The Short But Sweet Summary
- The United States Centers for Disease Control and Prevention (CDC) says that 56% of new onset, correctly diagnosed Type 1 diabetes is seen in adults (age >20 years), and the CDC says that figure does not include the unknown number of cases of slowly progressive Type 1 diabetes that are misdiagnosed as Type 2 diabetes.
- In numerous studies, with the first study published in The Lancet in 1977, based on autoantibody testing, about 10% of people diagnosed with “Type 2” diabetes are autoantibody positive, have been misdiagnosed, and in fact have Type 1 diabetes. That 10% represents the largest group of Type 1 autoimmune diabetes. Michael J. Haller MD, in Type 1 Diabetes Sourcebook (ADA/JDRF, 2013), says “Importantly, adults with [slowly progressive Type 1 diabetes] may represent an additional 10% of those adults incorrectly diagnosed with Type 2 diabetes.”
- A recent Medscape article that used genetic data found that half of all Type 1 diabetes develops after 30 years of age (note that the researchers did not include subjects over the age of 60, so more than half of Type 1 diabetes develops after age 30).
- NovoNordisk, in their pamphlet "What You Need to Know as an Adult Diagnosed with Type 1 Diabetes" (reviewed by The Endocrine Society), states that 95,000+ adult cases of Type 1 diabetes are diagnosed each year. The SEARCH for Diabetes in Youth found that ~15,000 children are diagnosed with Type 1 diabetes each year.
The Longer Tale
New-onset Type 1 diabetes in adulthood is far more prevalent than childhood-onset Type 1 diabetes, but the myth that Type 1 diabetes is a childhood disease combined with the rising epidemic of Type 2 diabetes often means that adults with new-onset Type 1 diabetes are incorrectly diagnosed as having Type 2 diabetes, an altogether different disease. The myth that Type 1 diabetes is a childhood disease is a dangerous myth; for adults, the misconception can lead to misdiagnosis and the potential for rapid onset of diabetic complications and, in the most extreme cases, death due to diabetic ketoacidosis (DKA).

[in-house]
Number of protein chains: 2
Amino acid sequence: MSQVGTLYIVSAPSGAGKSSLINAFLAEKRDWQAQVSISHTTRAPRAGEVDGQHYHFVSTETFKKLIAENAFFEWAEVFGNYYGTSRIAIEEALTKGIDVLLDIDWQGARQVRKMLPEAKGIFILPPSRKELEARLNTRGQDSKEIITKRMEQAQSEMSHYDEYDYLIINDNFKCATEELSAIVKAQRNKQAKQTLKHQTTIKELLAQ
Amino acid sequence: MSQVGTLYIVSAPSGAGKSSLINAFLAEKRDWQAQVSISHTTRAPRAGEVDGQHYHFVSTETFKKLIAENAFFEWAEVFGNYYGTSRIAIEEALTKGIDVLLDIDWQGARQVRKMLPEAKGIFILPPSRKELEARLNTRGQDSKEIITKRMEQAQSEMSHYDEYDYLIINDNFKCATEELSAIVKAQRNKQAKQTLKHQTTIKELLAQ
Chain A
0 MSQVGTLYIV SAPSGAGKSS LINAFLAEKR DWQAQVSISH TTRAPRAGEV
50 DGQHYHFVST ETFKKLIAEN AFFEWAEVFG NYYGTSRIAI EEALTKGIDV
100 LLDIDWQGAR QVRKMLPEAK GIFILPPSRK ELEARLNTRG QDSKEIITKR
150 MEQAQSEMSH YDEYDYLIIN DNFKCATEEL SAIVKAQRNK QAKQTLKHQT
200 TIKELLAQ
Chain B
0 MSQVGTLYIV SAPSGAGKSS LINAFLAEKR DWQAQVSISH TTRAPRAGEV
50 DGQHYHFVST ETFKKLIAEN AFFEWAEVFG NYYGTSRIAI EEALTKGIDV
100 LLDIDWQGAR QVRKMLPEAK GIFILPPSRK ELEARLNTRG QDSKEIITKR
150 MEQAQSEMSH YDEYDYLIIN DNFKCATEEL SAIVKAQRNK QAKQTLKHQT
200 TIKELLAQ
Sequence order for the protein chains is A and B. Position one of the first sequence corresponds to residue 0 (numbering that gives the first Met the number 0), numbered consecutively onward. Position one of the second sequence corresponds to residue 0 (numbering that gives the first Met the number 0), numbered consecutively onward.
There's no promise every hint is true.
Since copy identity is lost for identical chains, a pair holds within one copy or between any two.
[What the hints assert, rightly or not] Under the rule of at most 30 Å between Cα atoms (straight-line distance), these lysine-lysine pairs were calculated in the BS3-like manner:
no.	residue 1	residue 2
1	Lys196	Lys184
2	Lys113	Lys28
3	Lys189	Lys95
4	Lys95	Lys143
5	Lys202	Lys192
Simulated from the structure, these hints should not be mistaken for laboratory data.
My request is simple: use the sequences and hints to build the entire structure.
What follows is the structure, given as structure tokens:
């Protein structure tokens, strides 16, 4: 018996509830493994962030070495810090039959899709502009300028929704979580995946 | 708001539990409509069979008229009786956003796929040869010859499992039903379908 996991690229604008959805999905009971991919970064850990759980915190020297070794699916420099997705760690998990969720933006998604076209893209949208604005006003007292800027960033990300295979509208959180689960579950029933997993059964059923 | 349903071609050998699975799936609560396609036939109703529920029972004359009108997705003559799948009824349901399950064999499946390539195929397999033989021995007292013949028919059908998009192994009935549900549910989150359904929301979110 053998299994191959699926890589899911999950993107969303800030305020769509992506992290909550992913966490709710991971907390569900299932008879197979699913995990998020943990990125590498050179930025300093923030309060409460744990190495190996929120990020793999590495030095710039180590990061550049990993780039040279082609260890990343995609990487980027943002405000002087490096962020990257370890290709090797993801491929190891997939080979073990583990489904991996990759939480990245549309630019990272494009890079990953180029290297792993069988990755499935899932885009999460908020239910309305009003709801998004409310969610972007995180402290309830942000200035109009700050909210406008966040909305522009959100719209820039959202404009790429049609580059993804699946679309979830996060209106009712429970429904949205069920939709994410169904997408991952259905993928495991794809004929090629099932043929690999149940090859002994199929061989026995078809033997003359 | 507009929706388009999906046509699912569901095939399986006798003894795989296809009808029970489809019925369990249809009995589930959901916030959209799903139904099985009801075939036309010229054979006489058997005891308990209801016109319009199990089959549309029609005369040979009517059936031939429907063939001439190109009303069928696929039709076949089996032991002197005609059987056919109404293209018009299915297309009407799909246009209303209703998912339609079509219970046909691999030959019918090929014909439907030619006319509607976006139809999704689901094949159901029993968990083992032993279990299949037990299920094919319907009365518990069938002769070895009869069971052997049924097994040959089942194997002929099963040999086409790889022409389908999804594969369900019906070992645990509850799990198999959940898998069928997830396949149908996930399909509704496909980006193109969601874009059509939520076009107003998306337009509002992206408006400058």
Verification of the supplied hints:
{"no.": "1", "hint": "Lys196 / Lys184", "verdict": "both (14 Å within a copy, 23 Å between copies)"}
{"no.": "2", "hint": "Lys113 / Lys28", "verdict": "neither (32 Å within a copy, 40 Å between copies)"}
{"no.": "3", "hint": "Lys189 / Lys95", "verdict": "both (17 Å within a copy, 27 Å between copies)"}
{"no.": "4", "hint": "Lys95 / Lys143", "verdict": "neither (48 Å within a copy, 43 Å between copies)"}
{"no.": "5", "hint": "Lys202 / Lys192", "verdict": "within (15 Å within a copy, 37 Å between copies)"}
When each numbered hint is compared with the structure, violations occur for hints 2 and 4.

- In about 100 C.E., Aretaeus of Cappadocia provided the first detailed description of diabetes. Aretaeus of Cappadocia clearly described what is now called Type 1 diabetes (polyuria, polydipsia, rapid weight loss and swift death), and his descriptions were of adults. In Principles of Diabetes Mellitus, 2nd Edition (Leonid Poretsky, MD, Editor), the authors in Chapter 1 write: “A medical condition producing excessive thirst, continuous urination, and severe weight loss has interested medical authors for over three millennia. Unfortunately, until the early part of the twentieth century the prognosis for a patient with this condition was no better than it was over 3000 years ago. Since the ancient physicians described almost exclusively cases of what is today known as Type 1 diabetes mellitus [emphasis mine], the outcome was invariably fatal.”
- In 1934, Dr. Elliott Joslin noted that the incidence of diabetes in lean individuals was relatively constant in each decade of life, but that diabetes in the obese was related to older age.
- A book published in 1958 (“How to Live with Diabetes” by Henry Dolger, M.D. and Bernard Seeman) states that “[Type 1] diabetes is almost three times more frequent among young adults than among youngsters.”
And as stated in the short but sweet summary above, the CDC documents that the majority of new onset Type 1 diabetes develops in adults; numerous studies since the first published in 1977 provide evidence that ~10% of cases of “Type 2” diabetes are in fact Type 1 diabetes, based on autoantibody testing (GAD, IA-2, IAA, and ZnT8); and researchers using genetic data have shown that the majority of new-onset Type 1 diabetes occurs in adults.